As mentioned above, Respondent's failure to file a timely response affects the panel's deliberations. According to Arbitrator Post in Softquad Software, Inc. v. Eleven-Eleven Ltd, AF-0143 (http://www.eresolution.com/services/dnd/decisions/0143.htm), Rule 14 of the UDRP, which should be applied in cases where the Respondent does not file a timely response, does not appear to call for a « default » the way that term is traditionally used in a court of law. Instead, Rule 14 states that the Panel should render a decision on a Complaint, in the absence of a response, after evaluating the evidence presented by the Complainant and drawing appropriate inferences from that evidence. See id.
Pursuant to Rule 14 of UDRP, then, Respondent's late-filed response will not be considered and the Panel shall proceed to a decision on the Complaint. Also pursuant to Rule 14, the Panel shall draw such inferences from the Complaint that it deems appropriate.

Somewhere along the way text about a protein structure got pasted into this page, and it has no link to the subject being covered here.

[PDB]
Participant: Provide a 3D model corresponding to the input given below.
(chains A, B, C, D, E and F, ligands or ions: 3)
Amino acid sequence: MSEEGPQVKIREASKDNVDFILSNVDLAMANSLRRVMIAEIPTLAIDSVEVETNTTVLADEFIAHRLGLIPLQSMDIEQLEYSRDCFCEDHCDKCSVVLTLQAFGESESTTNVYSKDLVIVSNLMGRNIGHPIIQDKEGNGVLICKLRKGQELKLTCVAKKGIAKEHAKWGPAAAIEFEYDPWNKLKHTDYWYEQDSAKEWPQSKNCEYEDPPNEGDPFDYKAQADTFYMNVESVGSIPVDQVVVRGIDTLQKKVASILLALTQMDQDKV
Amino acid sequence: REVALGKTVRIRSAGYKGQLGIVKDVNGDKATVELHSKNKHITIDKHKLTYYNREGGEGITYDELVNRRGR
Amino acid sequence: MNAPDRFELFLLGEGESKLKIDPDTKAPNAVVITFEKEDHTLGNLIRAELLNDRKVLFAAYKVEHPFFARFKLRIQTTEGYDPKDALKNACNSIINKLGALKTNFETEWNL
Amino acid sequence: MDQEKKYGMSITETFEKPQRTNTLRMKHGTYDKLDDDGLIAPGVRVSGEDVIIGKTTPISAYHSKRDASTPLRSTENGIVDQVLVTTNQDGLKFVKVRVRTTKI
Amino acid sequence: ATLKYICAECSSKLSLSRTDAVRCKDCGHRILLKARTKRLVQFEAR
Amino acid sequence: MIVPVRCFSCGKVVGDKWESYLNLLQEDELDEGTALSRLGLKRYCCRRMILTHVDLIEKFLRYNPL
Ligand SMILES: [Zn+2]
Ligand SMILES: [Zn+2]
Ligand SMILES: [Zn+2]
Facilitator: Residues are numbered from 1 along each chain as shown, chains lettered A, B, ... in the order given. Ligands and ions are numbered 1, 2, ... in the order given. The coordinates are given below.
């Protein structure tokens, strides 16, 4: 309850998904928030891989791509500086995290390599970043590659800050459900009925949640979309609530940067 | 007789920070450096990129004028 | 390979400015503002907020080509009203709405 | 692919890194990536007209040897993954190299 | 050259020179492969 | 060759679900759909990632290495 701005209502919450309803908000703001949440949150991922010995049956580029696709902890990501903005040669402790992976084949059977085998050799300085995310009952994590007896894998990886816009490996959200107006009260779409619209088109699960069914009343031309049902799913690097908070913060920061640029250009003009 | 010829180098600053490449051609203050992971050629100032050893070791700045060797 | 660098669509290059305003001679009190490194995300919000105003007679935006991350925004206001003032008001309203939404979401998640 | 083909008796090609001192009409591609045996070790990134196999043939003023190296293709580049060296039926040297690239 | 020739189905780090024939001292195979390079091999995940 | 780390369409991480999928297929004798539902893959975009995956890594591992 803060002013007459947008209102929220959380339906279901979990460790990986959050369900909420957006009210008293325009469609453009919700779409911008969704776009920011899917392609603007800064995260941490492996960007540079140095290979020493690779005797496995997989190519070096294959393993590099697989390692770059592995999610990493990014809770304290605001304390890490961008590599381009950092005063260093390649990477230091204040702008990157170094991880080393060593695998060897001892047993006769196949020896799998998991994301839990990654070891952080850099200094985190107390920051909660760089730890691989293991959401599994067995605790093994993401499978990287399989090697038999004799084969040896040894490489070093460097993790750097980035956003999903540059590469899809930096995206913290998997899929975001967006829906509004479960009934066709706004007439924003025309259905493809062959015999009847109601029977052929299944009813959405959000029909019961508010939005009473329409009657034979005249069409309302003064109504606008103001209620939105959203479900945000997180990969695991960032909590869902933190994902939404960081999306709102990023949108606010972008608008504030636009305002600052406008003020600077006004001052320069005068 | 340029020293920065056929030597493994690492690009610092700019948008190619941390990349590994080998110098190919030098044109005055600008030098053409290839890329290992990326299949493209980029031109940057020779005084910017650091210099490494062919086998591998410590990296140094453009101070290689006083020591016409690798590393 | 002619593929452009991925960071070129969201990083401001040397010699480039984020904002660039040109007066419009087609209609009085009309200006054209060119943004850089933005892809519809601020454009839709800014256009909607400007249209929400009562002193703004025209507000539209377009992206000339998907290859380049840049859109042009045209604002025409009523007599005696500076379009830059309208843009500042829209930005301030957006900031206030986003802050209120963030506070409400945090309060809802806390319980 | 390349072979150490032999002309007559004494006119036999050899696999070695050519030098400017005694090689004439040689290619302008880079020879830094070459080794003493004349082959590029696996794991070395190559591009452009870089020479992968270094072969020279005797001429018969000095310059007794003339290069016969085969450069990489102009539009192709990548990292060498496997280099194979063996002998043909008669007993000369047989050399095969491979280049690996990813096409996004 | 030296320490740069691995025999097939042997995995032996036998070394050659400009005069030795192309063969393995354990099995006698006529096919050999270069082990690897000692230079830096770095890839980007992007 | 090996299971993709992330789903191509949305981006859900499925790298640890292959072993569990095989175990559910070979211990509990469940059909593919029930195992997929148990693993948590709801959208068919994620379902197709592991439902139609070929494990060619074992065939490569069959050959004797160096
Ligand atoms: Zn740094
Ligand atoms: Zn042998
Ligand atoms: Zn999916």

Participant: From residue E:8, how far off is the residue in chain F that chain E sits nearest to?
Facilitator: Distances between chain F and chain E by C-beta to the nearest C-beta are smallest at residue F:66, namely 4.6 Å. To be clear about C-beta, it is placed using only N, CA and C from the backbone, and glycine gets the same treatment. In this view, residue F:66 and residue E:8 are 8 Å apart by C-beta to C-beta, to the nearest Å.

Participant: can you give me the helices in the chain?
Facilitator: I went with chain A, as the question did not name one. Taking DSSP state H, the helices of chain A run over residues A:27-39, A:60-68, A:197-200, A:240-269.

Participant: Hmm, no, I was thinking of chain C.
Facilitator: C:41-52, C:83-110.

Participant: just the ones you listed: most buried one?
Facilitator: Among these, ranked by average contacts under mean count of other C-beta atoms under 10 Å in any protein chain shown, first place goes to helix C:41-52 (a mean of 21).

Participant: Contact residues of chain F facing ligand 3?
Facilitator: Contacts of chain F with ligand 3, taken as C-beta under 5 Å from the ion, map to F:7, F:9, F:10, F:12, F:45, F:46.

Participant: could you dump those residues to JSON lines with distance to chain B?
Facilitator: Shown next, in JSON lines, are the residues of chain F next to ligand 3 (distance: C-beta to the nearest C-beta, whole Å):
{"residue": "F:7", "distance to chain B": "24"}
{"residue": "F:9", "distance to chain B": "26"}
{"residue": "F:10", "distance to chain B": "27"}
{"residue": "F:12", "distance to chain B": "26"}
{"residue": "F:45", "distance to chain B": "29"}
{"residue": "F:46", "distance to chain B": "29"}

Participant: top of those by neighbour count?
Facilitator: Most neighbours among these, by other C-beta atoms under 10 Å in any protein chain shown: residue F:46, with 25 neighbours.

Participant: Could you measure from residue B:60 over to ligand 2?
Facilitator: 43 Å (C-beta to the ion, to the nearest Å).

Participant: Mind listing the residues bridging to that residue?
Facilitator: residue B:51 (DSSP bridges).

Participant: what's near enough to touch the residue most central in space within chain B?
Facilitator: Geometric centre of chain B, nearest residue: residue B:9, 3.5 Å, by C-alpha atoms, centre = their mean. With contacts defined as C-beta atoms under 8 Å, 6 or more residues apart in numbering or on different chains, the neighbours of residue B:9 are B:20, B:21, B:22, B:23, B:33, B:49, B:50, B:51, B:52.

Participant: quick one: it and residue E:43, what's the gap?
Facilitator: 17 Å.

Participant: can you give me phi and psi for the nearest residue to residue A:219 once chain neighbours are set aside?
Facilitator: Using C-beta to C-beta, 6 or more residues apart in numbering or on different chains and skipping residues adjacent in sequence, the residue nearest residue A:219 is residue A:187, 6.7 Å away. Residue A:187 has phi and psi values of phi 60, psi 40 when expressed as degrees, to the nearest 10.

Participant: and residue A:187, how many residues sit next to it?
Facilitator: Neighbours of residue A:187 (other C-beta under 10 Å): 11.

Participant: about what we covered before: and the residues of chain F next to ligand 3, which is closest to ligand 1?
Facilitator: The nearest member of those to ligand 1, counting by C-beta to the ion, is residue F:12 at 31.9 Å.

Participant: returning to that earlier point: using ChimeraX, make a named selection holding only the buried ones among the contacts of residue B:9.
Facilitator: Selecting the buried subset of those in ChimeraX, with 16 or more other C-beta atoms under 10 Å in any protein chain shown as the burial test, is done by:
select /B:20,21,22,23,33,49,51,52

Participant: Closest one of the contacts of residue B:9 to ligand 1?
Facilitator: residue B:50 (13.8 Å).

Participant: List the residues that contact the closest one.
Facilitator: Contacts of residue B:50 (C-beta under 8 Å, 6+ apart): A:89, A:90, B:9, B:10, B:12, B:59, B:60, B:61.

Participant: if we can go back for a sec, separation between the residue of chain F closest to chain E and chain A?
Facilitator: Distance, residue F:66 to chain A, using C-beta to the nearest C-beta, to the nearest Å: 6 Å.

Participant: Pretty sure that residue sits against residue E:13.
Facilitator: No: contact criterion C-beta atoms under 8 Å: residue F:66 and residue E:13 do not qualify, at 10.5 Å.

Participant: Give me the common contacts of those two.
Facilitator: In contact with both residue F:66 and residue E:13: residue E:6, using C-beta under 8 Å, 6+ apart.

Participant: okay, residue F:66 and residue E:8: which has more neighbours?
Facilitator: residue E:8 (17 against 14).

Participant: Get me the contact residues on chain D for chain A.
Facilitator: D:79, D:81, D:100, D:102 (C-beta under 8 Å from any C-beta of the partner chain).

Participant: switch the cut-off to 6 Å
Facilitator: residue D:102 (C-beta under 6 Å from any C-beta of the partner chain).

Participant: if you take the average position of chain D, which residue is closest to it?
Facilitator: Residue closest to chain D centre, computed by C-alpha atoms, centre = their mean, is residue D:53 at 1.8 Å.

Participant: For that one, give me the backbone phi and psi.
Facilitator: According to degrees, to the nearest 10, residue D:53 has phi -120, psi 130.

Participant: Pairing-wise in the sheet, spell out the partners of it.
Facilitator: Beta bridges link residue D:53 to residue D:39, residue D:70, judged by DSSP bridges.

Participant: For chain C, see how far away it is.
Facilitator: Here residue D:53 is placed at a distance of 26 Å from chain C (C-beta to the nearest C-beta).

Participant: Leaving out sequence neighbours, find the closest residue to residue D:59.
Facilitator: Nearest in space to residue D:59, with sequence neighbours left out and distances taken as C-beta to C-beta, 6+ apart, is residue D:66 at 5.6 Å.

After evaluating the evidence Complainant offers according to the guidelines set forth in Rule 14, the lead panelist concludes that Complainant has failed to establish that Respondent registered and is using the contested domain name in bad faith. Because Complainant cannot establish bad faith, lead panelist does not reach the questions of whether the domain name is identical or confusingly similar to a trademark or service mark in which the Complainant has rights and whether the Respondent has any rights or legitimate interests in the domain name.